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Facebook reportedly developing a smartwatch with creepy features

June 10th, 2021 at 6:50 AM
Facebook Smartwatch

Facebook has been claiming for years that it cares about privacy, but its yet to prove it actually wants to improve the privacy of its customers. Its most recent actions indicate that Facebook wants to redefine privacy to meet its needs rather than offer the same strong privacy protections that Apple is developing. Its fierce protest against Apple’s best privacy features developed for iPhone so far is the best proof of that. Facebook accused Apple of hurting small companies and the open web by enforcing stronger privacy rules. The reality is that Apple’s new anti-tracking features would hurt Facebook’s revenue tied to personalized ads. Separately, Facebook forced upon WhatsApp users a privacy policy that allows it to collect more data from the chat app. And Facebook minimized the privacy implications related to an data breach from a few years ago that resurfaced in the worst possible way recently.

This rough recap only covers the first half of 2021, but Facebook had to deal with plenty of privacy-infringing issues in the past. And now Facebook will want users to buy a wearable device that doesn’t just have instant access to health data but also comes with two built-in cameras.

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Facebook’s interest in wearable devices isn’t surprising, especially now that we saw its “mind-reading” tech for AR devices that involves the use of wearable trackers. Apple has already deployed the same technology on the Apple Watch, but it’s currently using it for accessibility purposes.

Facebook is reportedly working on three generations of its unnamed wearable device, according to The Verge. The first model might ship next summer, with a price tag of around $400, in line with what you’d pay for an Apple Watch or a different high-end wearable from the competition.

Unlike other smartwatches, the Facebook watch would feature a camera on the front for 1080p video chatting and one on the back. The device can be detached from the stainless steel frame on the wrist and attached to other devices, at which point the rear camera can be used to capture photos and videos. Buyers would have to trust Facebook to manage those images and videos the device captures.

The device would have to work as a standalone gadget, as Facebook plans to build devices that circumvent Apple and Google. The watch will have cellular connectivity, so it won’t have to be paired with an iPhone or Android handset to work. It will run a custom version of Android, running Facebook’s own apps. A companion app for phones would also be available.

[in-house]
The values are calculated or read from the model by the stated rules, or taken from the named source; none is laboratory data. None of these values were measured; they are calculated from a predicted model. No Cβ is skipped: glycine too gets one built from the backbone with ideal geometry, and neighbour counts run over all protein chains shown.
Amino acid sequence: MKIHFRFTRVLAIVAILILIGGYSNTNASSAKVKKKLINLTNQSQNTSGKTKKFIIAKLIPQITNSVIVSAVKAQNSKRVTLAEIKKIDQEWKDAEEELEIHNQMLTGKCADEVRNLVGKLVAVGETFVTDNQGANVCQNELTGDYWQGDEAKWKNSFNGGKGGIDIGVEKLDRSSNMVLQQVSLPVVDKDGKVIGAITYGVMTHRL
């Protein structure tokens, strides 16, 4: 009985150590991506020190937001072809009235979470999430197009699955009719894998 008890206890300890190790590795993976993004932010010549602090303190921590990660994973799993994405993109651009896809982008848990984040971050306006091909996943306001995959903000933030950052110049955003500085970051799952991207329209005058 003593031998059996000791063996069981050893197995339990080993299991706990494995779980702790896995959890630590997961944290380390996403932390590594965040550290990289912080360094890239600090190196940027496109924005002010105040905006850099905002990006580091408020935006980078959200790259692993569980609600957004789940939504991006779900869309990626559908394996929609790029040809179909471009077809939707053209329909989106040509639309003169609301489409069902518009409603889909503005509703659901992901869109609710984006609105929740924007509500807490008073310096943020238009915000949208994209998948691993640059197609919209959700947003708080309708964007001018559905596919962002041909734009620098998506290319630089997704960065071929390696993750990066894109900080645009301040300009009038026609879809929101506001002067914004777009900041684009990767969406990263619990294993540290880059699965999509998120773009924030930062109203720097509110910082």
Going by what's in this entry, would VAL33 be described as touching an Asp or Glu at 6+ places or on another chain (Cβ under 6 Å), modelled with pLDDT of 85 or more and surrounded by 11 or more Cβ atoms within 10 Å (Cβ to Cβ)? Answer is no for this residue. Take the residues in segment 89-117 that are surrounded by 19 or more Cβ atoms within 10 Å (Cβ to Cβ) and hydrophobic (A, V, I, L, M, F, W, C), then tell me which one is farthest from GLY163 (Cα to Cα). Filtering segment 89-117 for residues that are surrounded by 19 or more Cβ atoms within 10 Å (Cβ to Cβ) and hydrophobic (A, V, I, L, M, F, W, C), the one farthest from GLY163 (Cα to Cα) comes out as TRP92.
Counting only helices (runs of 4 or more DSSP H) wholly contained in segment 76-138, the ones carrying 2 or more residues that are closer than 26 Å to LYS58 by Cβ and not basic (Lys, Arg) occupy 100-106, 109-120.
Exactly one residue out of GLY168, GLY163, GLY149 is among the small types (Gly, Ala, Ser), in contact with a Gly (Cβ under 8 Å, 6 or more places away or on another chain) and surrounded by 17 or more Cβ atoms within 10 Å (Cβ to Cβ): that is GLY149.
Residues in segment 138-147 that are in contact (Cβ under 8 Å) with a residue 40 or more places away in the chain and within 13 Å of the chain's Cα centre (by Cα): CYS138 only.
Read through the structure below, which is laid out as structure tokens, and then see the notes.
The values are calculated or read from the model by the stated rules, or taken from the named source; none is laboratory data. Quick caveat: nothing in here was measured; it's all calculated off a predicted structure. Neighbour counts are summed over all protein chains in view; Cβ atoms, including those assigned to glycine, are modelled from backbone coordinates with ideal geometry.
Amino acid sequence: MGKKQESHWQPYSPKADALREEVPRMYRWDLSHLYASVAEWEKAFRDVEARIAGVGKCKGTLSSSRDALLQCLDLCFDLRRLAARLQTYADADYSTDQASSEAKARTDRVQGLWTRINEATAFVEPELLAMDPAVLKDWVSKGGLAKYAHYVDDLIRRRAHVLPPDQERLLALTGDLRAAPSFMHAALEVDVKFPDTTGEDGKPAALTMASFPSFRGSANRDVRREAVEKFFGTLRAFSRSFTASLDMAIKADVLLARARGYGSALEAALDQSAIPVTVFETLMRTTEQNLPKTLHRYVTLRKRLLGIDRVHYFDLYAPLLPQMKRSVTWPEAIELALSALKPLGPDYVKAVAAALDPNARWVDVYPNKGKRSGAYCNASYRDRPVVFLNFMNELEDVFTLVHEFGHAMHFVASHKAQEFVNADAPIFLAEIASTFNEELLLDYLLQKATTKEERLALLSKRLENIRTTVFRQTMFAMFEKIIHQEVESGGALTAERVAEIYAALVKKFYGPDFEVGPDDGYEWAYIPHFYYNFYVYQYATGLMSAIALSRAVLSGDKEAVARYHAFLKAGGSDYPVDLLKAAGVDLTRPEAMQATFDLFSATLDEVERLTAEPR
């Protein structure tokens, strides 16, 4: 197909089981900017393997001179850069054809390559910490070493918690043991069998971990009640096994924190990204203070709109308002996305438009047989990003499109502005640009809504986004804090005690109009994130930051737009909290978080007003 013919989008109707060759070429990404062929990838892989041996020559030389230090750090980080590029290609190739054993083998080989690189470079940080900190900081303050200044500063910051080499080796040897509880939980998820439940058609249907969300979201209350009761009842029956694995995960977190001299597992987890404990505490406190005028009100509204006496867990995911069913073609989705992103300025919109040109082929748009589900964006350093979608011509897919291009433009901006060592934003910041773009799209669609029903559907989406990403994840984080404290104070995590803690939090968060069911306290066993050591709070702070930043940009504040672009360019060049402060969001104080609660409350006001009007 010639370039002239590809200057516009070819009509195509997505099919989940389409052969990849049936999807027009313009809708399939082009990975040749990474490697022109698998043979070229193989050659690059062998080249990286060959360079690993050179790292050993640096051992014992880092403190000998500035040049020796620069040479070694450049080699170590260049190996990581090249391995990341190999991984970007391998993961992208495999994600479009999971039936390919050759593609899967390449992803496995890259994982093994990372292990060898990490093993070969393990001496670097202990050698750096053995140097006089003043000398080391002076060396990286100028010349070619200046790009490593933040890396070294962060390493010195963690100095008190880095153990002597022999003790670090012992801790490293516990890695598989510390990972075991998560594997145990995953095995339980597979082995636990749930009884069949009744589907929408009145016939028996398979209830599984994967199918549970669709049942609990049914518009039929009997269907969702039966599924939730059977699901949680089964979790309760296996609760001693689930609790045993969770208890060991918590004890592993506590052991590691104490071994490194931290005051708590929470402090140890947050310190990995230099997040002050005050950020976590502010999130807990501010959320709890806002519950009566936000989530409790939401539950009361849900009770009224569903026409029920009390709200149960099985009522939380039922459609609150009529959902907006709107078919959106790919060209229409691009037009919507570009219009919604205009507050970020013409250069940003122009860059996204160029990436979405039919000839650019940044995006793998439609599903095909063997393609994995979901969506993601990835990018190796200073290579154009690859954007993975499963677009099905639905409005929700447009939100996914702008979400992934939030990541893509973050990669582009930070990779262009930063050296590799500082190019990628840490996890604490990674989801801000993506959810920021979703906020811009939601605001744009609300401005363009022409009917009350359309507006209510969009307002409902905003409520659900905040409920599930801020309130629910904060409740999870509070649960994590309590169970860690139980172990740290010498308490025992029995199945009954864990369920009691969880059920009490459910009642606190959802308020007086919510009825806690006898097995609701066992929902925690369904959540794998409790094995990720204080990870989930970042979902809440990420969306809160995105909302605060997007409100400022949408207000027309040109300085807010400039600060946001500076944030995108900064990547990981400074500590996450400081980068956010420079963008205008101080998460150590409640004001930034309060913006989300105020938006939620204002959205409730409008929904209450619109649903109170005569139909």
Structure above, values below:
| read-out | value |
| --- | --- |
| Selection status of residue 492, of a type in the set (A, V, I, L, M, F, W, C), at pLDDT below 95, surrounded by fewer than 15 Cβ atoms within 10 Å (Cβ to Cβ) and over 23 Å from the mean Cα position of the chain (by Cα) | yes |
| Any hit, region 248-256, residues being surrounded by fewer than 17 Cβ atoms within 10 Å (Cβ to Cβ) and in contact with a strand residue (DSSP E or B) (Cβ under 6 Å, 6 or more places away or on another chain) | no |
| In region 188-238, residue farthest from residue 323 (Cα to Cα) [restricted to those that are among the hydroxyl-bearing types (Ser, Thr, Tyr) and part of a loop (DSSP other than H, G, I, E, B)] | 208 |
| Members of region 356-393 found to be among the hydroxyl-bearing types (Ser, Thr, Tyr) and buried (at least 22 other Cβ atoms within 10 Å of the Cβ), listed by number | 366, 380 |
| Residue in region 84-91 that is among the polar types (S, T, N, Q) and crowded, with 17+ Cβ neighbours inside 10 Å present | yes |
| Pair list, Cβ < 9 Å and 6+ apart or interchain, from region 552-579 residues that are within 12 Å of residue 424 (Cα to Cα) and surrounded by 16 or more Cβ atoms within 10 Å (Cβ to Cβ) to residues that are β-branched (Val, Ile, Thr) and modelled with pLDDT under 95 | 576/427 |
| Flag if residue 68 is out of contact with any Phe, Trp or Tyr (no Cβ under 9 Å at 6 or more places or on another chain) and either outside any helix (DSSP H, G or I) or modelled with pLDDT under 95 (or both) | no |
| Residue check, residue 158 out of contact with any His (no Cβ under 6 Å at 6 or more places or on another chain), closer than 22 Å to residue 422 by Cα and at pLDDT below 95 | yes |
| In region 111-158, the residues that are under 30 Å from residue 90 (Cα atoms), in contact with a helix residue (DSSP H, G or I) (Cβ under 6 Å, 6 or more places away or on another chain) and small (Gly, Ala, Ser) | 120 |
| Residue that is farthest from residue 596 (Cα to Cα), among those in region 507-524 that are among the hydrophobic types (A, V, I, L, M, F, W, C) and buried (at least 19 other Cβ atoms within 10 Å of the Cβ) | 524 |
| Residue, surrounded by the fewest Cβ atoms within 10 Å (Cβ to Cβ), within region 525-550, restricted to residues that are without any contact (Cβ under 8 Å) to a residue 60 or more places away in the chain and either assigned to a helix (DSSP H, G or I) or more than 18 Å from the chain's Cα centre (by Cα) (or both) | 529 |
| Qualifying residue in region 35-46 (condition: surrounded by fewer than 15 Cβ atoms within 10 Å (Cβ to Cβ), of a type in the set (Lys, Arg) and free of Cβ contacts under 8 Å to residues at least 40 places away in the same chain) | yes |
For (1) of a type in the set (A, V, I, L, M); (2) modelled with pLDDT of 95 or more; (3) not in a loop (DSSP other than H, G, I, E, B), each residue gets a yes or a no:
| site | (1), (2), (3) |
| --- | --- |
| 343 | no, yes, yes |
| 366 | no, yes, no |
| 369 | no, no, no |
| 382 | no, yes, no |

Signal
Signal ad examples that Facebook banned from Instagram. Image source: Signal

The Facebook watch would also let users monitor heart rate and tracking fitness activities. That’s the kind of sensitive health data that users would also have to trust Facebook with. It’s unclear whether health data will be used to improve advertising on Facebook. A recent marketing stunt from Signal showed how companies can use Facebook’s advertising platform to target specific user data, which included some health-related personal data.

The Verge suggests that Facebook might be aware that selling a smartwatch will be difficult, as the company is reportedly hoping to sell volume in the low six figures. Apple sold 34 million Watches last year, according to Counterpoint Research.

The report says that Facebook could scrap the watch project, but that’s unlikely. The company has spent $1 billion on developing its first smartwatch since 2019 when it wanted to buy Fitbit, a company that Google ultimately acquired. Facebook has hundreds of people working on wearable devices.

Whether the smartwatch project is commercially successful or not, Facebook will still need to bundle wearable with AR devices to deliver the “mind-reading” features it demoed a few weeks ago.

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Chris Smith started writing about gadgets as a hobby, and before he knew it he was sharing his views on tech stuff with readers around the world. Whenever he's not writing about gadgets he miserably fails to stay away from them, although he desperately tries. But that's not necessarily a bad thing.




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